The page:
Imagine being a 6ft 1in, 21-year-old man and finding two pizzas too heavy to carry, but not knowing why.
That was what happened to Ekow Otoo – an actor, spoken-word poet and model.
“My legs had been giving me problems for years; I was suffering a relapse and felt too weak to cook, so I’d ordered a takeaway. I remember being pinned to the wall when I took the pizzas from the delivery guy – they were too heavy to walk with,” says Ghanian-born Londoner Ekow, now 29.
Ekow, who now knows he has multiple sclerosis (MS), started experiencing issues aged 14. “I tried to get out of my bed one morning and my legs wouldn’t follow. After a nap they were fine again, but next time I played basketball I couldn’t run – my knees would buckle and I couldn’t get any speed.”
A GP put the issue down to Ekow shooting up six inches in just one year. “They just thought I’d grown too quickly and my muscles were catching up.”
MS is an inflammatory disease in which the nerve cells in the brain and spinal cord are damaged. Slowly the disease affected Ekow to the point he had to give up sport entirely. “I couldn’t even walk two roads without resting on walls.”
At university Ekow struggled to get information from his brain to the page. “I think they thought I was lazy,” he says. “I didn’t connect the problem with my legs, though.”
Help and advice
In February 2014, Ekow went to bed with a chest infection. “When I woke I felt funny, sat down and couldn’t stand up again. I ended up in hospital with a doctor standing over my bed, saying: ‘This is MS.’ I remember thinking, ‘Wow, there’s a name for it.’
“It was such a relief to have a definitive diagnosis. I knew it wasn’t all in my head.”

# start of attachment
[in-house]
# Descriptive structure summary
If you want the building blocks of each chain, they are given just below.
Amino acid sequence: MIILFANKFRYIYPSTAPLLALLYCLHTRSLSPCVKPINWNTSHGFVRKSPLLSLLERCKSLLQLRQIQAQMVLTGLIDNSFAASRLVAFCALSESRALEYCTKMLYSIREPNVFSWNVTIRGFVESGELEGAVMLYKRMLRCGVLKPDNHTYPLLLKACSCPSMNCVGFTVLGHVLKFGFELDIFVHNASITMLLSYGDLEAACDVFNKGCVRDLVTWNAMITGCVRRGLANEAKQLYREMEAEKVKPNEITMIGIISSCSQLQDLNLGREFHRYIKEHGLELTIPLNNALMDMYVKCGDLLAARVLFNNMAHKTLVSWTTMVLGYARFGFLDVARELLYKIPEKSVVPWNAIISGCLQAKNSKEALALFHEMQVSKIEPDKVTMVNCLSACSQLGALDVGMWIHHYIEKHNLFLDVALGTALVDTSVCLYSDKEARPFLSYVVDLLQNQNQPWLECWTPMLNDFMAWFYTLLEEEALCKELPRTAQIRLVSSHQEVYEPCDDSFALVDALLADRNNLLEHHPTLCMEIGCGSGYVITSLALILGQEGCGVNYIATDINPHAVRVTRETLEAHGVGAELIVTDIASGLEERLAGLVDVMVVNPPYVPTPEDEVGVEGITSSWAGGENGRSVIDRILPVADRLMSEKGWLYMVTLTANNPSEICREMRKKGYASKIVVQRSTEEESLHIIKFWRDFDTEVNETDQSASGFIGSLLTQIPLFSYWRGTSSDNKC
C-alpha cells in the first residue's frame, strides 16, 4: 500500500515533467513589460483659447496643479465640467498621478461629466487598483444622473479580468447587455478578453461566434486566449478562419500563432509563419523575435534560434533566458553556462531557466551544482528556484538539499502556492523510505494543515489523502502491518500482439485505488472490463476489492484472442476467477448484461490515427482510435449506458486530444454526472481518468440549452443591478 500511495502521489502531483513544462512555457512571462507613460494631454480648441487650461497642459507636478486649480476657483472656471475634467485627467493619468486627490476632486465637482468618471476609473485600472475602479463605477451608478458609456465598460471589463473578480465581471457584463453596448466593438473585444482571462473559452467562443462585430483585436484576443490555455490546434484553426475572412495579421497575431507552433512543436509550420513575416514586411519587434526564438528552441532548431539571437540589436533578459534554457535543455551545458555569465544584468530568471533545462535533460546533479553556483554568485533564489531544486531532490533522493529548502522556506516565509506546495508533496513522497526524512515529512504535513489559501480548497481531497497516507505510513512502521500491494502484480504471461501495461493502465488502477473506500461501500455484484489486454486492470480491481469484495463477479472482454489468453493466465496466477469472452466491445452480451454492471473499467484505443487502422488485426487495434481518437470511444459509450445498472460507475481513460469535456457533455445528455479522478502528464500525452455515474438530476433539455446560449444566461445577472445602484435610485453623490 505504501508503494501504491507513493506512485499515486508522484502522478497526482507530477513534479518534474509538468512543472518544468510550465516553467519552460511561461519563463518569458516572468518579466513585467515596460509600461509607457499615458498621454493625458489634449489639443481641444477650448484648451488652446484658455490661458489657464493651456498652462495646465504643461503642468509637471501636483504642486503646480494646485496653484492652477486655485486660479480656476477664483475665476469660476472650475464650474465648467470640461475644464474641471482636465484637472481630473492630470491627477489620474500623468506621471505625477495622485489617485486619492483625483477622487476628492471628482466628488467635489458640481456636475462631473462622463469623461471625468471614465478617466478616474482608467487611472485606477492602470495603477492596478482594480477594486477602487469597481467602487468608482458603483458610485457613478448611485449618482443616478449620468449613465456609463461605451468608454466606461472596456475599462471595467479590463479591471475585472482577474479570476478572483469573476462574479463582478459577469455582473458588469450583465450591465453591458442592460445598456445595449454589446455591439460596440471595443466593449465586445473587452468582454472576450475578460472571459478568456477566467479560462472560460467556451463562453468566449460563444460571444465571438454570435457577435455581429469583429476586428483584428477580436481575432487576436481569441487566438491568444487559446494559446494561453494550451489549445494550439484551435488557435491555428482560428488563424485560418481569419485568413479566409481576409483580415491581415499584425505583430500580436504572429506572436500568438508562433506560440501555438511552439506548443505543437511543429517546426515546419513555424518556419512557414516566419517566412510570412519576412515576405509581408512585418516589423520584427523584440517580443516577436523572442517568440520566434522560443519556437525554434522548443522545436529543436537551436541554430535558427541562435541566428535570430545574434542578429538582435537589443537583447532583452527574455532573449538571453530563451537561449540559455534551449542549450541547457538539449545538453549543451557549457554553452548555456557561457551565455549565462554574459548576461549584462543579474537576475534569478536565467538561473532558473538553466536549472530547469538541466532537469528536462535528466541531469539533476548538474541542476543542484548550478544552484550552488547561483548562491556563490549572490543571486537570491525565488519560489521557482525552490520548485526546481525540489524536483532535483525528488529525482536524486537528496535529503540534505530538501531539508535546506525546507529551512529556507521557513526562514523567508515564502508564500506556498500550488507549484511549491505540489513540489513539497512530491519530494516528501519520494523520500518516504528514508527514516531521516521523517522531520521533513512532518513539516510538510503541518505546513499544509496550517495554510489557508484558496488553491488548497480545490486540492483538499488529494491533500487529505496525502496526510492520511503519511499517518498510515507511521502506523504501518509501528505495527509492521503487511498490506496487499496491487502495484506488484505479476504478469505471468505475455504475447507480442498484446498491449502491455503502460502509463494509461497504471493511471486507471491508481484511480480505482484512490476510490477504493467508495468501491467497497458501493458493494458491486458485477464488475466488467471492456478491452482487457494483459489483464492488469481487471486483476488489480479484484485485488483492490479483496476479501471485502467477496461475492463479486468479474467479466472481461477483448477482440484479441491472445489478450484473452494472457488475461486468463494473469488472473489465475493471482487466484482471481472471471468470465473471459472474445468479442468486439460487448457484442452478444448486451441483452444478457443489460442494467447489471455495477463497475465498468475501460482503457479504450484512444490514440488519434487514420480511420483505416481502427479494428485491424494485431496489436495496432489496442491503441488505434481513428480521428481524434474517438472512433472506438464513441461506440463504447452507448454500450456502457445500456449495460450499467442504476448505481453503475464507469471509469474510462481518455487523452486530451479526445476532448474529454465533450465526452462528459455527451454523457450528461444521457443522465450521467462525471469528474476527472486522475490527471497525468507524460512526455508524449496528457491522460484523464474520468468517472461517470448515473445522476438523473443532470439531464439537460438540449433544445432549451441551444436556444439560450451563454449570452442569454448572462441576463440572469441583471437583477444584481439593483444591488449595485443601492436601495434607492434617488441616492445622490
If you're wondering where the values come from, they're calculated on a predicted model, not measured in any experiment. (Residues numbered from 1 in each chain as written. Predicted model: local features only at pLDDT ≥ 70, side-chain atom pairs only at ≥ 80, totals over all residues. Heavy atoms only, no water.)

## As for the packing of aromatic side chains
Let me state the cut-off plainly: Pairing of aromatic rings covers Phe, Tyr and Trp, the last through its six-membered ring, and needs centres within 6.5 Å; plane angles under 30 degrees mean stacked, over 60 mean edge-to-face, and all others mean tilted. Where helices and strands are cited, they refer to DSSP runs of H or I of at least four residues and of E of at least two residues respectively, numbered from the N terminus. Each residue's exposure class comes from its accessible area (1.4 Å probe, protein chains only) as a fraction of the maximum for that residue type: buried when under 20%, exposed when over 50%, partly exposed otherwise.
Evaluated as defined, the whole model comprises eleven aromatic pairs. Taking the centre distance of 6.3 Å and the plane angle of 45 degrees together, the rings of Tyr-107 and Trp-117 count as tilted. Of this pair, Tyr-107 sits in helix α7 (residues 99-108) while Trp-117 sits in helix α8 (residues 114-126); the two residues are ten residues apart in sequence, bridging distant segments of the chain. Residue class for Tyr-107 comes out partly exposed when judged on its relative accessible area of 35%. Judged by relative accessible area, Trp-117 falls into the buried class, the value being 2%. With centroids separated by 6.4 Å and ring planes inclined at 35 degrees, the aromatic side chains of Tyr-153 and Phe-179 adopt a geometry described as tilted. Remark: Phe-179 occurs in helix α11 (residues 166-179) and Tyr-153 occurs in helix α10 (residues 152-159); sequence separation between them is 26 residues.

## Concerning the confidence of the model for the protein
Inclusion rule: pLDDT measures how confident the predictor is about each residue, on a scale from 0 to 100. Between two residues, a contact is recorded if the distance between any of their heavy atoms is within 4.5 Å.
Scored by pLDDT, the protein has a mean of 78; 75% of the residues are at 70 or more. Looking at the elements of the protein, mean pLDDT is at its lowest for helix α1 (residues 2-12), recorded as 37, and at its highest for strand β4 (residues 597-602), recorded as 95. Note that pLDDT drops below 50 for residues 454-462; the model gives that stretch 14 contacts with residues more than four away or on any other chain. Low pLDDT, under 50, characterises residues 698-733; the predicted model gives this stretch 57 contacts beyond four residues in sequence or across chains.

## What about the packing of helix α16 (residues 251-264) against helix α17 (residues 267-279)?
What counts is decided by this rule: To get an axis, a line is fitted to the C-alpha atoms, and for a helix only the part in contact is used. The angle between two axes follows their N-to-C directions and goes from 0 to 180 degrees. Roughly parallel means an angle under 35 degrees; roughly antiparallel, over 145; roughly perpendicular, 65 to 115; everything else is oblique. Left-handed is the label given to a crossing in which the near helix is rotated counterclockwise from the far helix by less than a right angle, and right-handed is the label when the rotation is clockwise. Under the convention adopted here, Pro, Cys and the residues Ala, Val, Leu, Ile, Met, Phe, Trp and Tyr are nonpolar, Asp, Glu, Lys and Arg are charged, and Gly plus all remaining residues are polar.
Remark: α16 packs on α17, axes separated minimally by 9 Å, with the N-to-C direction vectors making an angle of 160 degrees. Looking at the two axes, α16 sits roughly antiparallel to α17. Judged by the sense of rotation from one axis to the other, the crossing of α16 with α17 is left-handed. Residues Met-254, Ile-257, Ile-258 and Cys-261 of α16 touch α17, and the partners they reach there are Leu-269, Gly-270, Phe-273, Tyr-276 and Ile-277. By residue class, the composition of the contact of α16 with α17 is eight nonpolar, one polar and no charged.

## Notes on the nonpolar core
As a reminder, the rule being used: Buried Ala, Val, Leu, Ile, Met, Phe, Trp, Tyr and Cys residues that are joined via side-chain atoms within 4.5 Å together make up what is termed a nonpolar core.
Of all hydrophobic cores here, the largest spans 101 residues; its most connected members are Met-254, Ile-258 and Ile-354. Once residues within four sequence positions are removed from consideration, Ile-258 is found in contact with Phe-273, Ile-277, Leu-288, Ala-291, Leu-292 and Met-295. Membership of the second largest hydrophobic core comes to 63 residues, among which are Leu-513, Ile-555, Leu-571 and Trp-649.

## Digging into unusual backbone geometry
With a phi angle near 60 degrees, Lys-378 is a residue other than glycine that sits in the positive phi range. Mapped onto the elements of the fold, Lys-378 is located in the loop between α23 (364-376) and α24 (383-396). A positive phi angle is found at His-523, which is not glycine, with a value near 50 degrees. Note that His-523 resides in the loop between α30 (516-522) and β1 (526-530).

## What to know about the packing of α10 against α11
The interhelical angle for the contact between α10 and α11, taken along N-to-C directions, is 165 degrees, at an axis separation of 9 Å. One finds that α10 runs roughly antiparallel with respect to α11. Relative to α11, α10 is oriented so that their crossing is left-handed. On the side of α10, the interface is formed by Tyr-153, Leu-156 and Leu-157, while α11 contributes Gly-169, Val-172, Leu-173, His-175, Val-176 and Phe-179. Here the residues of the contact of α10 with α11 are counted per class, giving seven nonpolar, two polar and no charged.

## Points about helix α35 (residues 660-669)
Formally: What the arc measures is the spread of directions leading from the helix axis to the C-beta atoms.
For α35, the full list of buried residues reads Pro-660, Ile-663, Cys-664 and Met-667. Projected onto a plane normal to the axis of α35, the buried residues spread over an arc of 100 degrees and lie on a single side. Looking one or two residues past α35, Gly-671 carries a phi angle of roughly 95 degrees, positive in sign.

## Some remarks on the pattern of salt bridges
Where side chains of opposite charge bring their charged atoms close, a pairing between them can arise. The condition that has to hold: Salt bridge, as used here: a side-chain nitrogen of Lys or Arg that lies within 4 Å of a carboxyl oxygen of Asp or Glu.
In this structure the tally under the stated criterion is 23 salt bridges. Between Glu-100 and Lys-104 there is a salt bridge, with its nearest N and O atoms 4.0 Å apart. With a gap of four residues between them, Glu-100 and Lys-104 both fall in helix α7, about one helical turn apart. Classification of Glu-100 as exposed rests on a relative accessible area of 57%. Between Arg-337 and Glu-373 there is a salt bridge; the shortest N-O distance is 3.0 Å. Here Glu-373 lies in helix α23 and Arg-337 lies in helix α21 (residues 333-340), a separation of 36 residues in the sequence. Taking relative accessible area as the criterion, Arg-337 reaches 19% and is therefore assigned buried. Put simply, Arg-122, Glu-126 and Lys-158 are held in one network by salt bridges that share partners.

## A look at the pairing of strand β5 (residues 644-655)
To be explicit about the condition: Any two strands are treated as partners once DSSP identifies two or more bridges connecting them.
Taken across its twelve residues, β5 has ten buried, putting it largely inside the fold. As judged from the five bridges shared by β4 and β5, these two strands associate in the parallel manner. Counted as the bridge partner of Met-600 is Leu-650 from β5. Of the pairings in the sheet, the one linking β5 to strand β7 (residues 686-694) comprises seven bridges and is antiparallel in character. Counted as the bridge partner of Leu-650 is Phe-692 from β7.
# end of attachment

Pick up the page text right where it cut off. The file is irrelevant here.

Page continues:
When he was first given his wheelchair, Ekow was, “overcome with peace”: “I thought it was going to be a massive struggle, but I sat in the chair and pushed for the first time, and it was like all the stress melted away.
“It turns out I’m really good at it. I can travel faster than I used to, without worrying I’ll fall over, look strange or have to stop.”
Since his diagnosis, Ekow has relied heavily on The National Lottery-supported MS Society which proved a vital source of information and help when he needed it.
He has also benefited from sports, including wheelchair racing – mentored by Paralympian Vanessa Wallace – and adapted rowing with another National Lottery-supported organisation, British Rowing. By playing The National Lottery, you raise £30M for good causes every week*
“Getting back into sport was the first step in finding my confidence as a wheelchair user. I just loved it – I took part in a development programme with British Rowing for a year and, in 2016, won a para-rowing gold in the British Championships.”
Ekow has even excelled at acting, and was recently picked to play the lead role in a stunning new National Lottery TV advert, which sees him performing dramatic stunts in his wheelchair.
Thanks to some clever CGI, viewers watch as he is transported from a street corner into the middle of a Viking invasion, before tearing through a museum and then taking off above the city skyline. At one point Ekow is even flung into the air as he travels through a skate park.
All the situations in the advert show the kind of fantastic projects those who play The National Lottery are helping to fund – from community sports to keeping our beaches clean and safe, bringing history to life in museums and helping people explore the great outdoors.
By playing The National Lottery, you raise £30M for good causes every week*. When we all play a little, fun stuff happens. Find out how at national-lottery.co.uk/news
*Based on figures from April 2020-March 2021. Players must be 18+.
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